]. However, at present there are no oral toxicity data of purified TTX.
In this context and taking into account duration, rapidity of onset, and the severity of symptoms, the aim of the present study was to determine oral TTX toxicity in mice for 2 h by using a modified 4-level Up and Down Procedure. Our results indicated dose-dependent symptoms and mortality in mice exposed to TTX by gavage. Animals died of cardiorespiratory failure sometimes after a period of paralysis that supports the presence of biologically effective TTX concentrations in the blood [20
]. In our study, the estimated oral LD50
= 232 µg/kg BW was 1.5–3 times lower than other values previously published [16
]. It is important to note that this is the first report of in vivo
studies using an accurate well-characterized TTX standard. This toxin at a dose of 75 and 25 µg/kg BW TTX did not cause any significant adverse effects, but higher doses induced at least clinical signs and macroscopic alterations at the gastrointestinal level. Therefore, according to these results we define for the first time the oral NOAEL of TTX for mice as 75 µg/kg BW.
5. Materials and Methods
In vivo studies were performed with Swiss female mice weighing 18–21 g. All animal procedures described in the manuscript were carried out in conformity to European legislation (EU directive 2010/63/EU) and Spanish legislation (Real decreto 53/2013, Decreto 296/2008) and to the principles approved by the Institutional Animal Care Committee of the Universidad de Santiago de Compostela Code: AE-LU-002/13/FUN 01/TOX05/CON.AMB./LMBL8.
TTX used for all the experiments was obtained from CIFGA (Lugo, Spain). The stock solution was initially solved in aqueous [AcOH] = 1 × 10−3 M. Immediately before administration, TTX was diluted in 0.9% saline solution to achieve each dose (toxin carrier concentration <2.5%).
For the experimental procedure, mice were fasted overnight (12 h) with 5% glucosated serum ad libitum
. The next morning they received a single oral dose of TTX by gavage (10 mL/kg) and were placed individually in metabolic cages for the following 2 h with free access to chow and water. A modified 4-level Up and Down Procedure [23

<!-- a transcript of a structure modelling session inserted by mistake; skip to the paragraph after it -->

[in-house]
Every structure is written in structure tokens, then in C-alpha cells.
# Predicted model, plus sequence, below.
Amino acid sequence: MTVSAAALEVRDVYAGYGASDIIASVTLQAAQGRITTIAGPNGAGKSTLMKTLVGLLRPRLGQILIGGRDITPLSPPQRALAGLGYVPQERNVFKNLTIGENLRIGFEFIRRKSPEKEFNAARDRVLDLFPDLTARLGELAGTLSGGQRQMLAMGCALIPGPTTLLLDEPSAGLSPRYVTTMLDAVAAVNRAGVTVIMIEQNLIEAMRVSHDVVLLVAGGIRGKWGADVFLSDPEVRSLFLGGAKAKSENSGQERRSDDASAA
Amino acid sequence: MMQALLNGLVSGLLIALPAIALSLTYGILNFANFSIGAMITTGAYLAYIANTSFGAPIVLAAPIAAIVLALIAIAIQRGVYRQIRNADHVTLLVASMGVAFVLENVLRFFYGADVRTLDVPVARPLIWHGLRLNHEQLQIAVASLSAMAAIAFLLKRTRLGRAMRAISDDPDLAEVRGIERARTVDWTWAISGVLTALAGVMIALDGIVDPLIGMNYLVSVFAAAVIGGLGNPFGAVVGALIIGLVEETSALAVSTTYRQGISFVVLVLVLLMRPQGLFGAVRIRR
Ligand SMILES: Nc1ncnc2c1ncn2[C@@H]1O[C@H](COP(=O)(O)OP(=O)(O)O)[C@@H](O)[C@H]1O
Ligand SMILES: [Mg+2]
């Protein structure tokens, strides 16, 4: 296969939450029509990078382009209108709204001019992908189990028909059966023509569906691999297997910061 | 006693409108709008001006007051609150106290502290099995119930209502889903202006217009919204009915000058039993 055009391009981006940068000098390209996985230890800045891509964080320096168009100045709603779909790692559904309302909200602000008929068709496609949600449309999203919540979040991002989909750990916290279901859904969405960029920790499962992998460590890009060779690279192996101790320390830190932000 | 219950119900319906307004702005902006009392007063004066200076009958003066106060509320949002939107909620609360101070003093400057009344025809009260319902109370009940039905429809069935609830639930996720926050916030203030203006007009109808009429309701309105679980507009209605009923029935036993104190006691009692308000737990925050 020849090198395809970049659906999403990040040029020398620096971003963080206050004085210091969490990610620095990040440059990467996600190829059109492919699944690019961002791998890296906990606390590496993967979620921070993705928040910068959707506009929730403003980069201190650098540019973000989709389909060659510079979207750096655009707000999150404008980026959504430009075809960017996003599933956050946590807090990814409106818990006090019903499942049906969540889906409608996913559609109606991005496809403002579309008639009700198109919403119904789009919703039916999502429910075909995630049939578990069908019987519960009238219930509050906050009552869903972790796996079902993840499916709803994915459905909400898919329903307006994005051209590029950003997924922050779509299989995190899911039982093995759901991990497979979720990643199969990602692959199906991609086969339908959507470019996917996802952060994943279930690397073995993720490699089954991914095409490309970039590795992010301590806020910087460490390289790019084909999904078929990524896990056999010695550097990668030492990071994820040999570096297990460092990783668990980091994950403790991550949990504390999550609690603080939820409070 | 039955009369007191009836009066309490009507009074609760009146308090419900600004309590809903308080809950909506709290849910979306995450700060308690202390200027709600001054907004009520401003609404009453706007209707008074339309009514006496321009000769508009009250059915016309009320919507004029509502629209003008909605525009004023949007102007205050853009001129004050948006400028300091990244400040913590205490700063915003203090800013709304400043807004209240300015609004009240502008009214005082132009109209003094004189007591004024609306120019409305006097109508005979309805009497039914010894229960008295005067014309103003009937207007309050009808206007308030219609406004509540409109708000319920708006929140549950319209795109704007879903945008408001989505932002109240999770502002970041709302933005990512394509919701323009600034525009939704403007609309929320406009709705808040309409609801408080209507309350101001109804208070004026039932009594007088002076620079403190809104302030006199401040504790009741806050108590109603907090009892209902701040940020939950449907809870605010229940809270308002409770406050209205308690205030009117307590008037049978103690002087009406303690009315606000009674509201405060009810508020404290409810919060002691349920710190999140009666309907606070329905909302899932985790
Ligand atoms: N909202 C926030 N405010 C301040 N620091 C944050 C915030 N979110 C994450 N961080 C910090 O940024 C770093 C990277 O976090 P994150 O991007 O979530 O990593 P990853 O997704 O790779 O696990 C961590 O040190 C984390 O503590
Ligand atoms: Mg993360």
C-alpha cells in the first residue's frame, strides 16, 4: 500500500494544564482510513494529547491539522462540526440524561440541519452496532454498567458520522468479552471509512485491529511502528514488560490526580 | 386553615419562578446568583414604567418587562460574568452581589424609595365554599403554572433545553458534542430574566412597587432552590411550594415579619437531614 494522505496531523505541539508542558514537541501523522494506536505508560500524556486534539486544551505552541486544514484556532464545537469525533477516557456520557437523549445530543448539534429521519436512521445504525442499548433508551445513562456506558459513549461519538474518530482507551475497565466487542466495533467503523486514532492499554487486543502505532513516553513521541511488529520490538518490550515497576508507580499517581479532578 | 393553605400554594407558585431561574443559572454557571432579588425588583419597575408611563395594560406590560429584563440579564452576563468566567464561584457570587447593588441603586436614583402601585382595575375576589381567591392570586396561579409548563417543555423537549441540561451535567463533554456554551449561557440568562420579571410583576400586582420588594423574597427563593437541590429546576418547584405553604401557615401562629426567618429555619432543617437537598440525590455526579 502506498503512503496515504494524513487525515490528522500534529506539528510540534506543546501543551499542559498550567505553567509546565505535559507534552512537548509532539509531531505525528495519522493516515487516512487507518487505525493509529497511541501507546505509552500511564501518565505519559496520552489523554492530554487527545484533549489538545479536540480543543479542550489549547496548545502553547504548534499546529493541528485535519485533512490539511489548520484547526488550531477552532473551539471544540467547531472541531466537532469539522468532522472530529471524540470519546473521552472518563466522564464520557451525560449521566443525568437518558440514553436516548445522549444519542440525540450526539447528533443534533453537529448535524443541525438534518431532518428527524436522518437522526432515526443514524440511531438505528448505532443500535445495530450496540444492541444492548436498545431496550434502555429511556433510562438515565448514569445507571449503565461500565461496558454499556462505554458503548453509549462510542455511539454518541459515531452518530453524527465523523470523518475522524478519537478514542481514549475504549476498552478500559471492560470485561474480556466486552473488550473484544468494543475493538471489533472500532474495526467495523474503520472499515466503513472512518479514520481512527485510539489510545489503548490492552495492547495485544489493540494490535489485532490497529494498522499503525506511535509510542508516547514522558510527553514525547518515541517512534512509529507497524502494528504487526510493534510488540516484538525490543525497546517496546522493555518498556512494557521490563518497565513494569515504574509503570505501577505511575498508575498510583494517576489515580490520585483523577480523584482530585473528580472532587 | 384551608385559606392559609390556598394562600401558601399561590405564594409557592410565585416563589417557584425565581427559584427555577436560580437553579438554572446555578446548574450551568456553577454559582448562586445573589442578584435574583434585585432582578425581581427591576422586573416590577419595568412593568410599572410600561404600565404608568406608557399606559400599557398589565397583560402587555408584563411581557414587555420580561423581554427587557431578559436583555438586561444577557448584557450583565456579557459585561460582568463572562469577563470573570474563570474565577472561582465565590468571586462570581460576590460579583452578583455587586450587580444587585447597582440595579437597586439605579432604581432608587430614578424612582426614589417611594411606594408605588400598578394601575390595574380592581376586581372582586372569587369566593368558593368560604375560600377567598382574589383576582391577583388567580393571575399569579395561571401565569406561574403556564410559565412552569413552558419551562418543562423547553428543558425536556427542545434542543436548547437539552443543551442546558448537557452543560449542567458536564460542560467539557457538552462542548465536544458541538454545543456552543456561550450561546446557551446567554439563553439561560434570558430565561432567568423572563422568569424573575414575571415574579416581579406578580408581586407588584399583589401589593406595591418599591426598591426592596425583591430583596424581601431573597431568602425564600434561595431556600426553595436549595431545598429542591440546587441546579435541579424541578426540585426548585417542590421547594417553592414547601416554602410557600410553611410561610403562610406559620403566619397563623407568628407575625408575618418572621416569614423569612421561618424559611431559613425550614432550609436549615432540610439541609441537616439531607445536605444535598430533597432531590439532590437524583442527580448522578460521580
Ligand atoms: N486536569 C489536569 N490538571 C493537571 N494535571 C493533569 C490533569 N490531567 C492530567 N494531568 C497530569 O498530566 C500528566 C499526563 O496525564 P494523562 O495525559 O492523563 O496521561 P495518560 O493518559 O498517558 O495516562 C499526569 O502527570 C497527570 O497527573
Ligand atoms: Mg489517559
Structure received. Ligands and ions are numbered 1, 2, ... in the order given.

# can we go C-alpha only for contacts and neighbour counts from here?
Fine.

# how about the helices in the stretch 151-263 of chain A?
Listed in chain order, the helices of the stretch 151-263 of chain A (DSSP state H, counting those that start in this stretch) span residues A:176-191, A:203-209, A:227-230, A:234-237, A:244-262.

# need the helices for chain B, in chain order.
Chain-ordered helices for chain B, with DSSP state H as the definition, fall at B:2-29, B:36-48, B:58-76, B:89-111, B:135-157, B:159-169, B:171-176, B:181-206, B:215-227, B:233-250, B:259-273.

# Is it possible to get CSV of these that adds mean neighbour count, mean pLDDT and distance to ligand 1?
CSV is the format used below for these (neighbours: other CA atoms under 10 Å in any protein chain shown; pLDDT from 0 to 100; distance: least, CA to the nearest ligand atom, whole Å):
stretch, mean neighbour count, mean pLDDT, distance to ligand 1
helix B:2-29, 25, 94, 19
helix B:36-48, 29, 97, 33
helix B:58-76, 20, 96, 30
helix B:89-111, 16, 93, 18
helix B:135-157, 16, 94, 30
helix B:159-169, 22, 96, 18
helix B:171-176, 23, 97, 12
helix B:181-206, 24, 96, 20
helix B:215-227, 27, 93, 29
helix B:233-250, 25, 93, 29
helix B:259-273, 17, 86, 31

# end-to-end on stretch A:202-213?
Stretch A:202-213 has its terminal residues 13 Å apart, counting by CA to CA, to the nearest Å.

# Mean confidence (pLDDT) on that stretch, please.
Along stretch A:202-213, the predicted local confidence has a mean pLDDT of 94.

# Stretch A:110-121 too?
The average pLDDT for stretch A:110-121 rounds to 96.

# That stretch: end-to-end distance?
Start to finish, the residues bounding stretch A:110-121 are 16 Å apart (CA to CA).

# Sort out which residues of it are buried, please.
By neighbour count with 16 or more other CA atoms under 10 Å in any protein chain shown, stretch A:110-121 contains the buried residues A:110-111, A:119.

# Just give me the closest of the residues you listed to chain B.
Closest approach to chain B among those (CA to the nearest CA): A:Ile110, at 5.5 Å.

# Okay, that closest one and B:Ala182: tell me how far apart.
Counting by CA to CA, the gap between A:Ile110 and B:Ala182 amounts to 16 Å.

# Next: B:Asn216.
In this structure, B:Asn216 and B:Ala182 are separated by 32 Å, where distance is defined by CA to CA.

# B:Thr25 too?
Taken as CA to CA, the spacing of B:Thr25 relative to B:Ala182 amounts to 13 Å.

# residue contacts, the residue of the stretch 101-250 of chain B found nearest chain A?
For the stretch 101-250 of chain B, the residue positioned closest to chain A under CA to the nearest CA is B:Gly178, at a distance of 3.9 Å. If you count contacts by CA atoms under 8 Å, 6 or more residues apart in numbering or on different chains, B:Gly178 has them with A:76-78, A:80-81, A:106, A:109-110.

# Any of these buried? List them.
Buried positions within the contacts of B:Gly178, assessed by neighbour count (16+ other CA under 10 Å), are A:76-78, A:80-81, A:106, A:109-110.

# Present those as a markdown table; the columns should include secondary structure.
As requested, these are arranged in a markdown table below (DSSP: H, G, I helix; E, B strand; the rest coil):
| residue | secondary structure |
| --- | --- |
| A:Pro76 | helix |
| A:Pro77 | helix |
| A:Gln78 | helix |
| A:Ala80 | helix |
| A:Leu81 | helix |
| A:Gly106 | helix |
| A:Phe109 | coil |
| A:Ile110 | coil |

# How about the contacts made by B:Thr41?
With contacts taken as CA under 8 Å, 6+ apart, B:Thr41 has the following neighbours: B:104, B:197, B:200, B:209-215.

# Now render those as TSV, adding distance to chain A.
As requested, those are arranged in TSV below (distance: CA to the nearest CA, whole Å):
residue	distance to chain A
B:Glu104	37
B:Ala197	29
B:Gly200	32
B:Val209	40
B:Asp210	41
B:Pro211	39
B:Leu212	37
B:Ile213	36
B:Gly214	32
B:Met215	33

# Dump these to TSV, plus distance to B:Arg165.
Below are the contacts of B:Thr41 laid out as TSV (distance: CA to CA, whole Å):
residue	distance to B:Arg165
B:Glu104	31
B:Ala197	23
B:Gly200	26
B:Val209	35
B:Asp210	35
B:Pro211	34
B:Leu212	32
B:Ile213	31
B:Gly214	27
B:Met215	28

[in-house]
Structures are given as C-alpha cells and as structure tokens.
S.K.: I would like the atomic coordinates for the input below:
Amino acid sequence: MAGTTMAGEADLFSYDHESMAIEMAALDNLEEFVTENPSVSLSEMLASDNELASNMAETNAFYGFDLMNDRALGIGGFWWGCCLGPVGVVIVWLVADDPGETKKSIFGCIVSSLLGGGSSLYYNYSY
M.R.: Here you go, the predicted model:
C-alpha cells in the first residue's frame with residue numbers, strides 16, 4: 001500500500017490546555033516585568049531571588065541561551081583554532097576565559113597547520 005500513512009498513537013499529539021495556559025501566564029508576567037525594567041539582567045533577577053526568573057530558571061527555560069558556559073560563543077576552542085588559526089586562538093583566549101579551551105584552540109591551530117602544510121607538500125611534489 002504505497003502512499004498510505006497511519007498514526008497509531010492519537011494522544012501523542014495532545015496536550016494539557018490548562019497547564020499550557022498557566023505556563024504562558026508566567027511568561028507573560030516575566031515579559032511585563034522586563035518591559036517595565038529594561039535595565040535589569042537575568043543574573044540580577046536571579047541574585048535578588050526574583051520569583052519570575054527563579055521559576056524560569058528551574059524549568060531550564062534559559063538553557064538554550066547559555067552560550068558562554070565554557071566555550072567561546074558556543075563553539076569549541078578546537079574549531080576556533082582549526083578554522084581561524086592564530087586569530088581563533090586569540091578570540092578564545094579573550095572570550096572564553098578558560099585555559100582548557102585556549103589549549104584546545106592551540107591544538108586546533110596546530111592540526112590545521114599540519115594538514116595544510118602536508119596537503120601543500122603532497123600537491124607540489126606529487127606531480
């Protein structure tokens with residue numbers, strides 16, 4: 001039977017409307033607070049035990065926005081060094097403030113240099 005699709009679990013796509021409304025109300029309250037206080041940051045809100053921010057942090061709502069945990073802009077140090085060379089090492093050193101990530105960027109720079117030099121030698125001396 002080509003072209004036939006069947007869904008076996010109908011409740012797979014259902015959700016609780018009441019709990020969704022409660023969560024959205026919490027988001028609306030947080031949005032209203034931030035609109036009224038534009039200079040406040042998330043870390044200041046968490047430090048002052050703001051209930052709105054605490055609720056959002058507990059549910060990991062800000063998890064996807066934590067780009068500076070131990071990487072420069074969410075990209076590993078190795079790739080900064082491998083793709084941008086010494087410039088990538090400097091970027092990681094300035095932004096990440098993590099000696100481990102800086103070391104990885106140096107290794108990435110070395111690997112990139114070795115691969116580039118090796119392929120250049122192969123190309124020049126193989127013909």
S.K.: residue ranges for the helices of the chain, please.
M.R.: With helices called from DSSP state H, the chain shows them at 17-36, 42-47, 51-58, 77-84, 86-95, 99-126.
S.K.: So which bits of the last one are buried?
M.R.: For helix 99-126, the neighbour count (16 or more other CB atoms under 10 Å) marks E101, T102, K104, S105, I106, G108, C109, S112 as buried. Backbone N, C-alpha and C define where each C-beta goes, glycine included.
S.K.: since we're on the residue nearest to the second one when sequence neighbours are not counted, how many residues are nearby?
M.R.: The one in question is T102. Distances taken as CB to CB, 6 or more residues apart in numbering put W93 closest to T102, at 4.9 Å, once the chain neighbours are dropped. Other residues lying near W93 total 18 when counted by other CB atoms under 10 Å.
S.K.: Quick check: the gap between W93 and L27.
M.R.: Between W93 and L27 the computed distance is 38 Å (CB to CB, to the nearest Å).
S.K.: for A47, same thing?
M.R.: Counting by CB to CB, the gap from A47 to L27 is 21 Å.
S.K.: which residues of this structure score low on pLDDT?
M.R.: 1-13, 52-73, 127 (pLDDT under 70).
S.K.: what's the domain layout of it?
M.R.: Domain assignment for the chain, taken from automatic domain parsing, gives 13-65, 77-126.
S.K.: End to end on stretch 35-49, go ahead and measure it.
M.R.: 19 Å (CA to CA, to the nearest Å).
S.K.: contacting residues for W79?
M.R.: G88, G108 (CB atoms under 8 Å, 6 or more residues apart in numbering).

] was set up to determine the lethal dose 50 (LD50
) (Figure 2
The number of mice was increased at each design level: 3 animals on the first level, 5 on the second, 7 on the third, and 9 on the fourth. The starting dose was 1000 µg/kg BW, and the dose for the next level was decreased if more than 50% of the mice died or increased if less than 50% of the mice died.
Symptoms were observed continuously during the whole experiment (2 h after toxin administration). Animals that survived were euthanized by CO2
inhalation. Macroscopic analysis was performed in all mice immediately after death. Time of death was indicated by last gasping breath. Blood was collected by cardiac puncture and stored at −80 °C until the time of analysis. Then, the extraction procedure was performed according to Tsujimura et al. 2015 [24
The analysis of TTX was carried out using an Acquity UPLC BEH Amide 100 mm × 2.1 mm × 1.7 µm column (Waters, Milford, CT, USA), equipped with a 0.2 μm Acquity UPLC in-line filter. Mobile phases were as follows; A: water and B: acetonitrile (95% v/v) both containing 2 mM of ammonium formate and 3.6 mM of formic acid. The column temperature was set at 30 °C, flow was settled at 0.4 mL/min, and the injection volume was 5 µL. The chromatographic conditions consisted of initial conditions of 10%:90%, held for 1 min, then a linear gradient to 50%:50% over 3 min, held for 1 min. The column was then re-equilibrated using a linear gradient to 10%:90% over 0.1 min and then held for 1.5 min. Mass analysis was performed using a Xevo TQ MS mass spectrometer from Waters. (Manchester, UK) operated with the following parameters (ESI source): capillary potential 2.7 kV, cone voltage 39 V, desolvation temperature 350 °C, desolvation gas flow 850 L/h N2, cone gas flow 50 L/h N2, source temperature 150 °C, collision energy 40 V. Argon was used as the collision gas at 4.5 × 10−3 mbar. TTX was quantified against the certified reference standard CRM-03-TTXs sourced from Laboratorio CIFGA S.A. (Lugo, Spain. 81.2 ± 4.0 μmol TTXs/kg and 9.92 ± 0.70 μmol 4,9-anhTTX/kg, purity >96%) by using the following transitions: TTX and 4-epiTTX (m/z 320.2 > 178.1/162.0) and 4,9-anhydro TTX (302.1>162.0/150.0). Calibration standards were prepared from standard solution by dilution into acetonitrile/[AcOH] = 0.03 M (70:30 v/v) (standard dilution solvent) in polypropylene vials. A six point calibration was generated with variable concentrations ranging from 1 to 20 ng/mL.